Jammeh ruled The Gambia with an iron fist but fled in January 2017 after losing a presidential election to relative unknown Adama Barrow, which he refused to acknowledge before being forced out of power by a popular uprising.
In 2018, Washington blocked Jammeh, his wife and their children from traveling to the United States.
All were placed on the blacklist for those suspected of large-scale corruption or major human rights abuses in The Gambia, a tiny West African country surrounded by Senegal.
Amazon has banned sales of imported seeds in the United States after thousands of Americans said they had received packets of seeds they had not ordered, mostly from China.
“Moving forward, we are only permitting the sale of seeds by sellers who are based in the US,” the e-commerce giant said in a statement Saturday.
In late July the Department of Agriculture reported that packages of seeds had been sent to Americans and warned not to plant them, in case they posed a danger to US agriculture.
Examination of the mystery packages revealed at least 14 different kinds of seeds, including mint, mustard, rosemary, lavender, hibiscus and roses.
“At this time, we don’t have any evidence indicating this is something other than a ‘brushing scam’ where people receive unsolicited items from a seller who then posts false customer reviews to boost sales,” the Department of Agriculture said in a statement on August 12.
The United States and Colombia on Monday announced the launch of a new joint plan to combat drug trafficking, including investments in areas affected by violence.
Colombian President Ivan Duque and US National Security Advisor Robert O’Brien made the joint statement at the presidential palace in Bogota, following a meeting. They did not specify the exact amount of resources allocated to the plan.
O’Brien said the US “will support all of Colombia’s efforts… to ensure security in the country, to combat criminal organizations, some of which are transnational, and in doing so, we will help create the conditions for economic growth” in both nations.
Duque added that the US government “has not only seen the importance of… continuing to effectively combat drug trafficking and terrorism,” but also of “combining those efforts… with quality investment in places that have been affected by violence.”
They both presented the initiative as a new phase of the “Plan Colombia,” an aid package from Washington aimed at combating drug trafficking in the South American country.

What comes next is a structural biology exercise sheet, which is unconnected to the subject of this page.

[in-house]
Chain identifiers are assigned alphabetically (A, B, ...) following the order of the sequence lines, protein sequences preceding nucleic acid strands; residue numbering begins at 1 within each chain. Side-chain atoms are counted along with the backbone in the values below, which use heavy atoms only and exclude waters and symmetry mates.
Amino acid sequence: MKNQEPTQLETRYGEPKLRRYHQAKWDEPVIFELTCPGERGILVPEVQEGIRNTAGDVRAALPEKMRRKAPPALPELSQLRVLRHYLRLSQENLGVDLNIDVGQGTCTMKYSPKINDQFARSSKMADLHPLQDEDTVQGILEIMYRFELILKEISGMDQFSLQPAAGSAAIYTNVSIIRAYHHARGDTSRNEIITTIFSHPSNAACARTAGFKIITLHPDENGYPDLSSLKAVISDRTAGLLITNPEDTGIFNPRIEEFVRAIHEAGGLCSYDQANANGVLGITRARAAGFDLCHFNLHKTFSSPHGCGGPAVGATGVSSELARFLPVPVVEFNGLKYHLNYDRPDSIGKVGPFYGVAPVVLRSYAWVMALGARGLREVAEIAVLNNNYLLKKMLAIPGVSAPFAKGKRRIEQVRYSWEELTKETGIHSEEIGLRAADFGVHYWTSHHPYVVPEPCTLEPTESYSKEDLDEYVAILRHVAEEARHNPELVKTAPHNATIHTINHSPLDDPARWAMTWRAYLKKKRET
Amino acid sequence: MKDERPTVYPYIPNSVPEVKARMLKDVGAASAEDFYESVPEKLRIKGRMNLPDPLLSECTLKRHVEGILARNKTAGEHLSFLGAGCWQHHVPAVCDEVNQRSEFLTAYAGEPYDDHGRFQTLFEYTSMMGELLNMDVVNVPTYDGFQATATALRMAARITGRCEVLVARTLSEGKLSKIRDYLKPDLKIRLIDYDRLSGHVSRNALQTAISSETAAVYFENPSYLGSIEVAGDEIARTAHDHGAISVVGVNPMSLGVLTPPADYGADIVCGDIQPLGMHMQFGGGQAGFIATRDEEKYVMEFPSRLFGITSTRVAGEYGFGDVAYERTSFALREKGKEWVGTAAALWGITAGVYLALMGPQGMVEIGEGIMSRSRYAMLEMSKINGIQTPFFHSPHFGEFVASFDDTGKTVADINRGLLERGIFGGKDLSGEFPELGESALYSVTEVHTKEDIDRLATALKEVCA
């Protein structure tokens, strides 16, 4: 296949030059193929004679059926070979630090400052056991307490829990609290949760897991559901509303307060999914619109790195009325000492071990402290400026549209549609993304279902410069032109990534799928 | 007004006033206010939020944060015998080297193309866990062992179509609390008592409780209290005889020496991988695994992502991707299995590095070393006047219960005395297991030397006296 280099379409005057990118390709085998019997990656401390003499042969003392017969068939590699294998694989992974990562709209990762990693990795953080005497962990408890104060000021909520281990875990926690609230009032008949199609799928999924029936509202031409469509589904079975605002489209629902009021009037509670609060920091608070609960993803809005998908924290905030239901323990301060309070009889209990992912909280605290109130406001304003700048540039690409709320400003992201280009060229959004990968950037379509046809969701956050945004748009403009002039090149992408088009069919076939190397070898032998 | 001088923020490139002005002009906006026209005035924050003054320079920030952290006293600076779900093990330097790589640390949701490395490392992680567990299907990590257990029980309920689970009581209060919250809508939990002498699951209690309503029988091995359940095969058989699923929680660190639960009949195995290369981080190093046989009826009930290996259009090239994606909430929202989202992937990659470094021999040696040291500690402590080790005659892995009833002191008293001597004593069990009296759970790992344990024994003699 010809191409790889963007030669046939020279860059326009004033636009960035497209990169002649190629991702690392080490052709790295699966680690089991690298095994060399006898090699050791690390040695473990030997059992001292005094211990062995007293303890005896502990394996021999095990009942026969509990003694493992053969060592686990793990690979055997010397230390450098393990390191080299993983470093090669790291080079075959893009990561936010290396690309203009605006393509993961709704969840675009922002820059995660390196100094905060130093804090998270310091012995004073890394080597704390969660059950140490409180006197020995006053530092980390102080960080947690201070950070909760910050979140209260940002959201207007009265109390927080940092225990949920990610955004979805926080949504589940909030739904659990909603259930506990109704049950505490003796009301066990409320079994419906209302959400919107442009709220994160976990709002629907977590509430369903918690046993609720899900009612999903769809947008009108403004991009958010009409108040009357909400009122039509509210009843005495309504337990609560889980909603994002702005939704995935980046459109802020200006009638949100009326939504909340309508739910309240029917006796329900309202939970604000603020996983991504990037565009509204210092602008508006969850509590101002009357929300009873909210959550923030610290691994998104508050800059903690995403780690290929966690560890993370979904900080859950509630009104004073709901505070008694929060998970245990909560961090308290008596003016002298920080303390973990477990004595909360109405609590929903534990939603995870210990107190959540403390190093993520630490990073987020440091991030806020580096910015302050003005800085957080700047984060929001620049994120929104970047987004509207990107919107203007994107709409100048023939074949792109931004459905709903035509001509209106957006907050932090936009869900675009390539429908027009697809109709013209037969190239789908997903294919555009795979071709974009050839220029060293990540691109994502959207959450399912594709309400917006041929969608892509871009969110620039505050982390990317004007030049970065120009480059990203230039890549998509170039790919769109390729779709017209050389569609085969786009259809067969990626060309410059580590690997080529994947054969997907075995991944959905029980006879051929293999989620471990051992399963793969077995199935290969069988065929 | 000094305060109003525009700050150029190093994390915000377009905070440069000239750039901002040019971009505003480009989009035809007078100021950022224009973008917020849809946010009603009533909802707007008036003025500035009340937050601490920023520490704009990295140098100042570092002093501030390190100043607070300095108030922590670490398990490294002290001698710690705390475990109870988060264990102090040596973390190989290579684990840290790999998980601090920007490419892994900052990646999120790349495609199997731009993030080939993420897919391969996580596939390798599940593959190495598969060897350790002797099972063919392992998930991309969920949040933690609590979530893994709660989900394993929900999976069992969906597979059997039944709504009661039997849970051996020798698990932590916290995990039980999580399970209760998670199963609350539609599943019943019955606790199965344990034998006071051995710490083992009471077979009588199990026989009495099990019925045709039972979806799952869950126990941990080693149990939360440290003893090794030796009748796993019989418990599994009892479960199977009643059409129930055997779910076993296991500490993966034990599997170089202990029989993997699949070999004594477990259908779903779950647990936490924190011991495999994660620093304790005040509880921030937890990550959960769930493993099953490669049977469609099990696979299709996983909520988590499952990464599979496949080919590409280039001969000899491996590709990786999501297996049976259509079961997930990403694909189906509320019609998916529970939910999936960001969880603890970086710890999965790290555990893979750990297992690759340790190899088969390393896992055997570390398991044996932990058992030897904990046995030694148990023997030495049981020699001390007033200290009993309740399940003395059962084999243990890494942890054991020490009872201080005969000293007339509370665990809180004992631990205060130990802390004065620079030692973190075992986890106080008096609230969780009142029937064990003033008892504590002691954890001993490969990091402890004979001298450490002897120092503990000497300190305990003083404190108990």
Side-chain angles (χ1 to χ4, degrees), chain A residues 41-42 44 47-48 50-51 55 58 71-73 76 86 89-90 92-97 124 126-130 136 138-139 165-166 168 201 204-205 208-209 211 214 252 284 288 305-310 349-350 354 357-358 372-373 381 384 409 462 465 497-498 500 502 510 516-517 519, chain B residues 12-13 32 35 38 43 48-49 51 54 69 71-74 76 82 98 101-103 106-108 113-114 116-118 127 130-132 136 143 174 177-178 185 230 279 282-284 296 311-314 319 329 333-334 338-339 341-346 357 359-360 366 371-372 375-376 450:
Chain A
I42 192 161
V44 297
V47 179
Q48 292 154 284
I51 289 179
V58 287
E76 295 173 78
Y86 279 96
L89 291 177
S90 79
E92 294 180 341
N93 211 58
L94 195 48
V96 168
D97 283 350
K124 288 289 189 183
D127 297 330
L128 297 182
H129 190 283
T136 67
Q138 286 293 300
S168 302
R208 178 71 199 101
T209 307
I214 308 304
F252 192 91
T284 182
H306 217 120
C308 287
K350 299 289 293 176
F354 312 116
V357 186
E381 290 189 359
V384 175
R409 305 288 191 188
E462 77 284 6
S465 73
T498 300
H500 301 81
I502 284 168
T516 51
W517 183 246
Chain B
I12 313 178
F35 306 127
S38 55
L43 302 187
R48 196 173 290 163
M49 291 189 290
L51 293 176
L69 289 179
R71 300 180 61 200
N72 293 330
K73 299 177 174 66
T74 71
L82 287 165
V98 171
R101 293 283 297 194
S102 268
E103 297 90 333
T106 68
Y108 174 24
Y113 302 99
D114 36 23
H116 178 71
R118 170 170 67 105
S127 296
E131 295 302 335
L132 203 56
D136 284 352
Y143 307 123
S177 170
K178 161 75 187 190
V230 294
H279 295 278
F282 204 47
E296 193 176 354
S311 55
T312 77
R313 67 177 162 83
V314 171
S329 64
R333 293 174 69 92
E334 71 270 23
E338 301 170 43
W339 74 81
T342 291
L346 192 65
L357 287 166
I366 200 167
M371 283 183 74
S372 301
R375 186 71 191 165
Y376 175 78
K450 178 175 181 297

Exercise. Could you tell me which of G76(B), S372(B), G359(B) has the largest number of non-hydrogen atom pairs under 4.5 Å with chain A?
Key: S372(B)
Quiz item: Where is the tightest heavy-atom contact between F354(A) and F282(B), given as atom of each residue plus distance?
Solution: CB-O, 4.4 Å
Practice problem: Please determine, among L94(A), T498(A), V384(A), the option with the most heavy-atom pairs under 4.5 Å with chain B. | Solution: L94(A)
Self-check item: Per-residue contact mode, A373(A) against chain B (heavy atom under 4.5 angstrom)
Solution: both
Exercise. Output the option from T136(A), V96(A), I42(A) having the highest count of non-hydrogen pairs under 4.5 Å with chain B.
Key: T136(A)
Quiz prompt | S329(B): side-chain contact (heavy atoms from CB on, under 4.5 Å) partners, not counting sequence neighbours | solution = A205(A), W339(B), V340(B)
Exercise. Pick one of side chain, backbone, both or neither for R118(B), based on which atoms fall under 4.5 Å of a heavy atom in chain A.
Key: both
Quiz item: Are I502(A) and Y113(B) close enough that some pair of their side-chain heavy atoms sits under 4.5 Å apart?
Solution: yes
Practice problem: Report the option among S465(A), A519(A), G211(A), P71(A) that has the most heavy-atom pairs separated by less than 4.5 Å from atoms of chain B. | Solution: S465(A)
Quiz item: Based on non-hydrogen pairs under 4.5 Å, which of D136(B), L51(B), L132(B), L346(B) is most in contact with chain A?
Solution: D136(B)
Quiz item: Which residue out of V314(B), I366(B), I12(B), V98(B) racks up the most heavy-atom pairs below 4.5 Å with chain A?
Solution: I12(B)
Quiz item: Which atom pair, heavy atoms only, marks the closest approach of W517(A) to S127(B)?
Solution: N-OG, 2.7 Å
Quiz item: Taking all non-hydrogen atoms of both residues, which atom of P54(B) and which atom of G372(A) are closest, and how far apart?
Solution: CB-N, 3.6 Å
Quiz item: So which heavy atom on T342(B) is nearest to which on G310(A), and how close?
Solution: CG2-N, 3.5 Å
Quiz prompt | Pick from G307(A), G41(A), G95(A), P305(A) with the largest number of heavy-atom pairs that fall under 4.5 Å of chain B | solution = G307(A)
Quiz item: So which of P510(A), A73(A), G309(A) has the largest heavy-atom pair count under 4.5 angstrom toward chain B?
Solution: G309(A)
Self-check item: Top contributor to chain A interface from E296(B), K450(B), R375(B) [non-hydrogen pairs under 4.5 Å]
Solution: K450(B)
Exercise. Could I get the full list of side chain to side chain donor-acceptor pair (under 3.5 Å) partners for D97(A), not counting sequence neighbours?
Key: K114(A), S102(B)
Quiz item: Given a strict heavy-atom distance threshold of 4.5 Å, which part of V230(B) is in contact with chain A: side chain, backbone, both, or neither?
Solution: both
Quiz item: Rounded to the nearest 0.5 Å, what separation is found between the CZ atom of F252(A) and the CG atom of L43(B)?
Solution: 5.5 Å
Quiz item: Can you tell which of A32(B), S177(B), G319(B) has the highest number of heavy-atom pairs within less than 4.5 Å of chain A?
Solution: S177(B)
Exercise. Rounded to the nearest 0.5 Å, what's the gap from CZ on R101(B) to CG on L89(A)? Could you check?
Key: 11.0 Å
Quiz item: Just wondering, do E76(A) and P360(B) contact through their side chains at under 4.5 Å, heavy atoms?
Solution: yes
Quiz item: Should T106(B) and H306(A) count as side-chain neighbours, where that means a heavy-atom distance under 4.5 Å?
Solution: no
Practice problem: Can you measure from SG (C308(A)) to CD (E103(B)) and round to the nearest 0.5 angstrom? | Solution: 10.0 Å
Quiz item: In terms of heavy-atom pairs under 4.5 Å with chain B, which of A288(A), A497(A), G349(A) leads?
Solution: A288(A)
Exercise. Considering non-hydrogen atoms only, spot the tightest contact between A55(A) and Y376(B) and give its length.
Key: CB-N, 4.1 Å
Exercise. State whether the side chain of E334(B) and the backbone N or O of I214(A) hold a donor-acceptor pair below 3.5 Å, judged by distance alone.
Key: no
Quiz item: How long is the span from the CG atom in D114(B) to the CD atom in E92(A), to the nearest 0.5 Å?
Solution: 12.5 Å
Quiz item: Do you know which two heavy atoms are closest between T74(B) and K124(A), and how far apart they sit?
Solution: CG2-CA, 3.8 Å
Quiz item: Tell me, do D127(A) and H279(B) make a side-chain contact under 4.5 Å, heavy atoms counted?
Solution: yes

The US gave Colombia more than $7 billion between 2000 and 2016 under the Plan Colombia agreement, but the money ended up being used to fight guerillas without eliminating the drug trade.
The announcement comes amid a spike in violence throughout Colombia, resulting in 33 massacres so far this year, according to the UN.
The UN believes that criminal gangs are responsible for nearly 80 percent of massacres in Colombia this year, the vast majority of them occurring in departments with “illegal coca-producing enclaves.”
The United States on Sunday reached the extraordinary milestone of five million coronavirus cases as President Donald Trump was accused of flouting the constitution by unilaterally extending a virus relief package.
The US has been hammered by the COVID-19 pandemic, recording nearly 163,000 deaths — by far the highest of any country, ahead only of Brazil, which on Saturday became the second country to pass 100,000 deaths.
The global death toll is at least 727,288 since the novel coronavirus emerged in China last December, according to a running tally from official sources compiled by AFP.
Nearly 20 million cases have been registered worldwide — probably reflecting only a fraction of the actual number of infections.
As around much of the globe, the small African country of Malawi on Sunday imposed tight social restrictions to try to contain the disease, shutting all bars and churches, while hot weekend weather drew crowds in Europe to the beach.
In Washington, the new virus relief package — announced by Trump on Saturday after talks between Republican and Democrat lawmakers hit a wall — was “absurdly unconstitutional,” senior Democrat Nancy Pelosi told CNN.
Fellow Democrat and Senate minority leader Chuck Schumer, appearing on ABC, dismissed Trump’s unilateral measures as “unworkable, weak and far too narrow.”
But with the nation’s economy still struggling to dig itself out of an enormous hole, Democrats appeared skittish about any legal challenge to a relief package they see as seriously inadequate.